3 simple reasons VoIP abuse will grow
Cisco predicts more hackers will set their sights on Voice over IP. Three reasons why the technology is ripe for abuse
By Joan Goodchild , Senior Editor
March 08, 2011 — CSO —
In its recent annual security report, Cisco predicted VOIP abuse as a potential area for cyber crime growth.
"Criminals use brute-force techniques to hack private branch exchange (PBX) systems to place fraudulent, long-distance calls; usually international," the report states. "These incidents, often targeting small or midsize businesses, have resulted in significant financial losses for some companies."
Also see VoIP security: The basics on CSOonline.com
One of the most popular scams employed by VOIP-abusing criminals are vhishing schemes, which are telephone-based phishing ploys. The report points to one recent vhishing scam targeting the Federal Deposit Insurance Corporation. Vhishers called U.S. consumers on mobile and land-line phones to inform them they were delinquent in loan payments that had been applied for over the Internet or made through a payday lender. Criminals were able to collect personal information, such as Social Security numbers from victims, according to the report.
"What we've seen in the last couple of years is growing VOIP abuse around getting access to someone else system with baseline security hacks and then either using it for criminal purposes or selling it to other folks as long distance," said Patrick Peterson, Cisco fellow and chief security researcher."Some people have made money that way and some victims received huge telcom bills."
Peterson and Cisco technical manager Randy Birdsall explain why VoIP abuse has been on the upswing in recent years and appears poised for further growth.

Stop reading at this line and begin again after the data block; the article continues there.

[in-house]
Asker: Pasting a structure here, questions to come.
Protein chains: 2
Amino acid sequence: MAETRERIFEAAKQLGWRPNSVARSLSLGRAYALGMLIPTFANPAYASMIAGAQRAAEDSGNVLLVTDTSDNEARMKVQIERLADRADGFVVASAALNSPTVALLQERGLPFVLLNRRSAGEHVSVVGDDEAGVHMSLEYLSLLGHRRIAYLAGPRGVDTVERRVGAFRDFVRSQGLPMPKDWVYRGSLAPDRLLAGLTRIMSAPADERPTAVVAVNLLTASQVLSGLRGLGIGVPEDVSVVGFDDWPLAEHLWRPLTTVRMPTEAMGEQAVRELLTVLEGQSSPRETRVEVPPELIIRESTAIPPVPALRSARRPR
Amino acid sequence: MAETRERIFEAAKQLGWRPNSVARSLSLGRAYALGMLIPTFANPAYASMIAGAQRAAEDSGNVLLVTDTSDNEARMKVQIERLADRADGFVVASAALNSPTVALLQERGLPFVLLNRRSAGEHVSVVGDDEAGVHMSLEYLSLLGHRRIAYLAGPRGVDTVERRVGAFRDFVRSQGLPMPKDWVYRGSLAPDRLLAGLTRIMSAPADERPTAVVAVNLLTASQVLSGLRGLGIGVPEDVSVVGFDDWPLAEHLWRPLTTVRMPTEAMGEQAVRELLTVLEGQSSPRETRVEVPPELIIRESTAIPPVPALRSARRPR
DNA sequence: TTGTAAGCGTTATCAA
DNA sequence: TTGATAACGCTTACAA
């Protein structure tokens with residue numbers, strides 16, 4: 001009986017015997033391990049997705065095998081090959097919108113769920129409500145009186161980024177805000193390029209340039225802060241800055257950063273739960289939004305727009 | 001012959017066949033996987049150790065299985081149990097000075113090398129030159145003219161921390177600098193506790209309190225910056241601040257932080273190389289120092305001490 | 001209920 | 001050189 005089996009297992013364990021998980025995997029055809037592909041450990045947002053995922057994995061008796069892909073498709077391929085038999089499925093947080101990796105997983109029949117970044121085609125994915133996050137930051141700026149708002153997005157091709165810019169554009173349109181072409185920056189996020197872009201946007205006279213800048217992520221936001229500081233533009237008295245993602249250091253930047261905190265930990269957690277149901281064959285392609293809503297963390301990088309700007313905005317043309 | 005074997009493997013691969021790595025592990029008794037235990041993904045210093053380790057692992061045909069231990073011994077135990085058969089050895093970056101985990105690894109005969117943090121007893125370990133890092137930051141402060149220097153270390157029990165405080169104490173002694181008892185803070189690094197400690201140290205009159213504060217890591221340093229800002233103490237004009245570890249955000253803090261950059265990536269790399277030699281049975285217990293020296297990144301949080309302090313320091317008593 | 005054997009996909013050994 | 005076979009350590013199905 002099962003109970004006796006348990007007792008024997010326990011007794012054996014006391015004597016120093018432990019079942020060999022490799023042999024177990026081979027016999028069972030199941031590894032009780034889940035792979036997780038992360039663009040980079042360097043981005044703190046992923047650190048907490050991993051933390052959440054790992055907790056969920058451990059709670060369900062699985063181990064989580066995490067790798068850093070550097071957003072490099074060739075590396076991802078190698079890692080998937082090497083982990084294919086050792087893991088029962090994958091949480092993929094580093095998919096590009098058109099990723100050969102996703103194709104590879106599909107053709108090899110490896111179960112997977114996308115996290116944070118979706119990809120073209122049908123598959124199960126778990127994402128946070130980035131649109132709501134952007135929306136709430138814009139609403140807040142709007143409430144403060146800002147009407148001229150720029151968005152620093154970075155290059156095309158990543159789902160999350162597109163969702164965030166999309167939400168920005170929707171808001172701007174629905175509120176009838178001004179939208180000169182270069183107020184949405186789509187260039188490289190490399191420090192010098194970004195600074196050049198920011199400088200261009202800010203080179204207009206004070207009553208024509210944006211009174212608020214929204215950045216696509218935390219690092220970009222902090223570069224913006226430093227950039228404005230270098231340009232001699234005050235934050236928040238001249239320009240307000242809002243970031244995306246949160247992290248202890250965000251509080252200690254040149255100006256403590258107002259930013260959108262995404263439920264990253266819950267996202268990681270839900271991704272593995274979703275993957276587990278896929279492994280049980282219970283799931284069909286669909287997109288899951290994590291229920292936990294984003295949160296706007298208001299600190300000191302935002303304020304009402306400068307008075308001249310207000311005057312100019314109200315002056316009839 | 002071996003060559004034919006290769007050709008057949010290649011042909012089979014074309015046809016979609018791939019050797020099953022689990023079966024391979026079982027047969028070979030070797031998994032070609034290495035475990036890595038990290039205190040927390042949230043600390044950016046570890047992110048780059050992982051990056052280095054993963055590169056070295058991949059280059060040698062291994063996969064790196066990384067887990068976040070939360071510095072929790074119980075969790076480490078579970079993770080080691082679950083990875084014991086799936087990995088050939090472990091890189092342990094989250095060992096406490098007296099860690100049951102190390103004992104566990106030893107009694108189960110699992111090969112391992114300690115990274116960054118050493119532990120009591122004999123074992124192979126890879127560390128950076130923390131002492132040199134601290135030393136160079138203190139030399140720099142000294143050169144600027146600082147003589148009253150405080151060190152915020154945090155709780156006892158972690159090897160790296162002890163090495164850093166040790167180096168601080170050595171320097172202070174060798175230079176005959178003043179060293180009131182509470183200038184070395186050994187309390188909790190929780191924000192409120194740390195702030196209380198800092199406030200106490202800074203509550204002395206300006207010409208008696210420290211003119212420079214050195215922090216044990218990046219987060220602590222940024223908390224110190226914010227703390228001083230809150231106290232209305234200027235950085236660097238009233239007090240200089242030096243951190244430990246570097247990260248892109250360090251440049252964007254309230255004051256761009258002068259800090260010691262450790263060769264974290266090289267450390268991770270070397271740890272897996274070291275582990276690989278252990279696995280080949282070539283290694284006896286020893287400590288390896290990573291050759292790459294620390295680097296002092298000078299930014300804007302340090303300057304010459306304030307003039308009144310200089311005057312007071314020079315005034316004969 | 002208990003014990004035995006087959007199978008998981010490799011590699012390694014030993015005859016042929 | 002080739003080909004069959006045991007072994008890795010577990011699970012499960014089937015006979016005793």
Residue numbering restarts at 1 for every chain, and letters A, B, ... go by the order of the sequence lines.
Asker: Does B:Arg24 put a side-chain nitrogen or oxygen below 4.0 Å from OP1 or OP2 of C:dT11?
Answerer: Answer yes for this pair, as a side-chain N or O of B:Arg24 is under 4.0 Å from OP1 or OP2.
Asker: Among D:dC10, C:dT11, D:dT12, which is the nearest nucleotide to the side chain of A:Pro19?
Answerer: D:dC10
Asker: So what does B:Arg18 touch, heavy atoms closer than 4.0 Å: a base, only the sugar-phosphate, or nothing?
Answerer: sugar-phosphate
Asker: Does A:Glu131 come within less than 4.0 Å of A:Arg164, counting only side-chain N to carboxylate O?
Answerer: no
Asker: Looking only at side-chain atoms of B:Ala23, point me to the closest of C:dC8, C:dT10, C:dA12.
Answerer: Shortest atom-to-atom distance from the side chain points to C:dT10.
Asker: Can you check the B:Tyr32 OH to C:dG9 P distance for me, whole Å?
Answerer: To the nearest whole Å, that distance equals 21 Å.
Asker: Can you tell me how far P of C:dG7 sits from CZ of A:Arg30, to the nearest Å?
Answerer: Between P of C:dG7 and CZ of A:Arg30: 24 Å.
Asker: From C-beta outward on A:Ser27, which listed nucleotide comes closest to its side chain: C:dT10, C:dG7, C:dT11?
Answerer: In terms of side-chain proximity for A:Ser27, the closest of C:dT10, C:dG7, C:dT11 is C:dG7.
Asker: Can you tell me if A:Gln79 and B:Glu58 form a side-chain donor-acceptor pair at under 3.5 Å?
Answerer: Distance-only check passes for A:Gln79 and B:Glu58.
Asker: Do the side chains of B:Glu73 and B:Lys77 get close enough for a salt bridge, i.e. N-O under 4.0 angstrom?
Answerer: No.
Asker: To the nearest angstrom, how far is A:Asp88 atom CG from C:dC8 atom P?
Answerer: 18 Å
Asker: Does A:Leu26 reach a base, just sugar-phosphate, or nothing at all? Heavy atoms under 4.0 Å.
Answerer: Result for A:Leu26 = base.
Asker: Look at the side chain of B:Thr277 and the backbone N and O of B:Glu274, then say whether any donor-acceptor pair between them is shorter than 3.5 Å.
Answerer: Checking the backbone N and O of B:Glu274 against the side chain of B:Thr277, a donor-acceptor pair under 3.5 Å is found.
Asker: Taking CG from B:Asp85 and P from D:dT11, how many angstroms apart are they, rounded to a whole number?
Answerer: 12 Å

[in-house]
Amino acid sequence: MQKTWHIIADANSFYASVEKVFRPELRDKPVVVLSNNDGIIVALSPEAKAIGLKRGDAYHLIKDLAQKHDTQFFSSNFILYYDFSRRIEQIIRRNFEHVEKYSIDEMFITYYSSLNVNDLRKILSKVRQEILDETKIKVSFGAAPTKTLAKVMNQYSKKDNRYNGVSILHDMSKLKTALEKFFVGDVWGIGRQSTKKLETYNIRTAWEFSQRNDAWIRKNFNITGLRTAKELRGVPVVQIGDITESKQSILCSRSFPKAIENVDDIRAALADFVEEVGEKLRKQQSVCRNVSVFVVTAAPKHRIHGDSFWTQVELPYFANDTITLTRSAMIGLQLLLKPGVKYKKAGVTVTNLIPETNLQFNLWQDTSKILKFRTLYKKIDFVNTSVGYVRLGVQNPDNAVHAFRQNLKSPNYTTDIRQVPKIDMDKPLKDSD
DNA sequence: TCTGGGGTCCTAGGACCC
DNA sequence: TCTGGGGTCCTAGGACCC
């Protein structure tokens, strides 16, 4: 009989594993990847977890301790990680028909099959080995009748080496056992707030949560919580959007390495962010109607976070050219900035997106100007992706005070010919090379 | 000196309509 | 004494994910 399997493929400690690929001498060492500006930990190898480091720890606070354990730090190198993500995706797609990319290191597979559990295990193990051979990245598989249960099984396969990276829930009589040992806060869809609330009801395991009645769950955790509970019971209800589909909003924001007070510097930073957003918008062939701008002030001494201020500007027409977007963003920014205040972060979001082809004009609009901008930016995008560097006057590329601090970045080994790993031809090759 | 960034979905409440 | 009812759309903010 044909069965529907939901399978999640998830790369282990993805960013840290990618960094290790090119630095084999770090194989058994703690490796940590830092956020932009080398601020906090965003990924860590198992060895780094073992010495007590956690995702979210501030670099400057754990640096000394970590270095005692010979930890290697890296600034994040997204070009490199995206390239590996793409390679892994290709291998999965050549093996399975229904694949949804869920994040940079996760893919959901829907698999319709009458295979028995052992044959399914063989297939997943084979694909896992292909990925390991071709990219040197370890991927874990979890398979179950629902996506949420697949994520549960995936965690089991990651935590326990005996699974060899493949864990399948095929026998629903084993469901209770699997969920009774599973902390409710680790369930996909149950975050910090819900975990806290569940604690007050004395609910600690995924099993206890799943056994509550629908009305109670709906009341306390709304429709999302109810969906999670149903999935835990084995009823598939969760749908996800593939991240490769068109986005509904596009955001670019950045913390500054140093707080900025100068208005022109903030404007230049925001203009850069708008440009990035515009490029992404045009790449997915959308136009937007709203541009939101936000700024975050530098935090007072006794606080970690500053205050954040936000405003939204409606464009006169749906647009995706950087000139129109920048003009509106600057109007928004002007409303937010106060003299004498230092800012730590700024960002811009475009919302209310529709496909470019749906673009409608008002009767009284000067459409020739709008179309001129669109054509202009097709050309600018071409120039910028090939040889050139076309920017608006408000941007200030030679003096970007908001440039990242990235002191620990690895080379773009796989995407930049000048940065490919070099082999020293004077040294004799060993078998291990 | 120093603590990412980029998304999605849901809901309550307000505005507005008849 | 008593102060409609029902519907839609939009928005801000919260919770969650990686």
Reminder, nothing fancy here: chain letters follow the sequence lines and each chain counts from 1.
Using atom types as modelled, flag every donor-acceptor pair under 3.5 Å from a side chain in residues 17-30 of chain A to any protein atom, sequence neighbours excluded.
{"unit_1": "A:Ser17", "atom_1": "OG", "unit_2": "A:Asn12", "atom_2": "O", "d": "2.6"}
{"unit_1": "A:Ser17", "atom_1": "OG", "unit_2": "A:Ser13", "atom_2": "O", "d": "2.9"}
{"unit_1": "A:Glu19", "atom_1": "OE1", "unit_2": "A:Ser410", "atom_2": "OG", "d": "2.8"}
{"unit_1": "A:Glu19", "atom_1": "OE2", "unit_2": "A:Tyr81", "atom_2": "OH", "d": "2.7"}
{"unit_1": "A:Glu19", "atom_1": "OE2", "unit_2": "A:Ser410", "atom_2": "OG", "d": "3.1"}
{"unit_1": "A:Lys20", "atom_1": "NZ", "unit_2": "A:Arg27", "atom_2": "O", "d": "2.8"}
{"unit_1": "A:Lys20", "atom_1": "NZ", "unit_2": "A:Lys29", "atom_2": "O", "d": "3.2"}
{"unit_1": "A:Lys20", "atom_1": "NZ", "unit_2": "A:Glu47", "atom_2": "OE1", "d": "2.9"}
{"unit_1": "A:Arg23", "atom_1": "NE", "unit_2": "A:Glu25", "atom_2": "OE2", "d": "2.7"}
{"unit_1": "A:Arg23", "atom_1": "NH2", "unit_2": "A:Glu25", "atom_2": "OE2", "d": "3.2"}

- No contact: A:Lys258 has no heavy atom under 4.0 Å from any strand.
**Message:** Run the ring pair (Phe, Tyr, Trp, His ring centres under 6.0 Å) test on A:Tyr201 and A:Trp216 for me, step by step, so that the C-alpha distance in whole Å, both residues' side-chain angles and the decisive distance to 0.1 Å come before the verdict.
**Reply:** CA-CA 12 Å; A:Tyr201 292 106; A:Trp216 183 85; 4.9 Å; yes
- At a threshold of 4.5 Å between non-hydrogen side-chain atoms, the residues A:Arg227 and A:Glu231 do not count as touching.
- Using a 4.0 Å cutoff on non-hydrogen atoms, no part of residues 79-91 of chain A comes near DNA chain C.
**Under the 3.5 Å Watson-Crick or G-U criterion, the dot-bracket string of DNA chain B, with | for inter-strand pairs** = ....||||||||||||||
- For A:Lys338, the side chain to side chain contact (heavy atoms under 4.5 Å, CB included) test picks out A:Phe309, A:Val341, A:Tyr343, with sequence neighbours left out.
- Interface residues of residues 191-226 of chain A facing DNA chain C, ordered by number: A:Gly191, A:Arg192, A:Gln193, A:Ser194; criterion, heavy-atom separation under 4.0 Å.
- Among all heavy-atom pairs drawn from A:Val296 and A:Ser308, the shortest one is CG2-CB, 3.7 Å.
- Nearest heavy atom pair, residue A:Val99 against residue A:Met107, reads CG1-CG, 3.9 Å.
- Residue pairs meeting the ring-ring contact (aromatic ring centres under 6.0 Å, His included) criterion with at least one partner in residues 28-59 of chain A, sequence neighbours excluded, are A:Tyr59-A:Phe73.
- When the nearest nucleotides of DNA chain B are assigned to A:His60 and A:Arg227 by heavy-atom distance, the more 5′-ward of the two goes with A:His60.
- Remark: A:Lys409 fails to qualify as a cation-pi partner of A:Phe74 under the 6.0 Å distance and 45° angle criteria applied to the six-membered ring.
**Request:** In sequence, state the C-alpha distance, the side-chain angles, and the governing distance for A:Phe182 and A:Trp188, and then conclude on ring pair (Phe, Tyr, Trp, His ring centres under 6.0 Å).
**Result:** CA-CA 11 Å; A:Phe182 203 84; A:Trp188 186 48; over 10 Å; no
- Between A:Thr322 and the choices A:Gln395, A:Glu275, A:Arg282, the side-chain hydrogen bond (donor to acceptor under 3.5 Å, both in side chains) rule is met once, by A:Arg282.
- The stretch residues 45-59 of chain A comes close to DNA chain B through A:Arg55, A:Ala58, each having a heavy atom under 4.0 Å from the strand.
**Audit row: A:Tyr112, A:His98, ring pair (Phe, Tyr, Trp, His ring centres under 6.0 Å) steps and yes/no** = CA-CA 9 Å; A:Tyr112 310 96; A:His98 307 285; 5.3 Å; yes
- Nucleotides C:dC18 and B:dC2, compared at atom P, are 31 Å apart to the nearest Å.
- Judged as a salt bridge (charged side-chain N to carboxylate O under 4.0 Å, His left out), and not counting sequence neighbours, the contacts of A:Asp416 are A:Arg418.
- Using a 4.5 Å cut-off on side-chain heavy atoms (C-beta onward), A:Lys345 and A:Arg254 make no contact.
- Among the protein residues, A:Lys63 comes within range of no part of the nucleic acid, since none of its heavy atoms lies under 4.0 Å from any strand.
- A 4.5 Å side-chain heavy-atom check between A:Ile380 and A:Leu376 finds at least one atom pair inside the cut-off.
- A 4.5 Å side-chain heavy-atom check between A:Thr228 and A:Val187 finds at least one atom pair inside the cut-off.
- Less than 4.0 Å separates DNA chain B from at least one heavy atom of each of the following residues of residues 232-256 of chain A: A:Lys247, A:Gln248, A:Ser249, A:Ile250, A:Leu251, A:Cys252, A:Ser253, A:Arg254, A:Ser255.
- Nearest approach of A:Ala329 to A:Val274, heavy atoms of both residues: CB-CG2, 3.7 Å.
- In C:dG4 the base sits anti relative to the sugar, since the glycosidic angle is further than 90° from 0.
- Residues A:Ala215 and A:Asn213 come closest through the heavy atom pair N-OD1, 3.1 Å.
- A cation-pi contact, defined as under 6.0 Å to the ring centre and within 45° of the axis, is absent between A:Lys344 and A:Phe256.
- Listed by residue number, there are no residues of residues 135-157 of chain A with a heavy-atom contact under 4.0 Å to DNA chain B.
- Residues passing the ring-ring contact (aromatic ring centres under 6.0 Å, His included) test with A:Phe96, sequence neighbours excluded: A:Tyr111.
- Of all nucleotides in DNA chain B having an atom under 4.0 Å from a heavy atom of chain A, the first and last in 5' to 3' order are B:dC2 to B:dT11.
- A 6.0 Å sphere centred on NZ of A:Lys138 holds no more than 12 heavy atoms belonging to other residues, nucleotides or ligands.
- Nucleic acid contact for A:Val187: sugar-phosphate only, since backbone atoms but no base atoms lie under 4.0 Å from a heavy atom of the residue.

It's widely deployed
According to market research firm In-Stat, almost 80 percent of businesses will use Voice over Internet Protocol by 2013. And VoIP is in most enterprises in some fashion by now, according to Peterson. Whether it's fully deployed or still being tested, it's now pervasive, and therefore a target for criminals.
"Anytime there is a free, anonymous resource, criminals flock to it because that combination of free and anonymity is too good to be true," said Peterson. "What we've seen is an extraordinary increase in the last few years in the number of cracking attempts, and port scans, and attempts to log in with default admin passwords on various VoIP access points."
As VOIP has gained popularity, it's now a worthwhile endeavor from criminals because there is a large pool of potential victims to pull from. Birdsall said the concern among organizations using VoIP has changed, too.
"When I first started talking to companies a few years ago about VOIP security, the comments were 'Well, it's good to know it's available,'" he said. "Now the conversation is, 'We have had this incident happen. Now we want to know everything you can tell us so it doesn't happen again.'"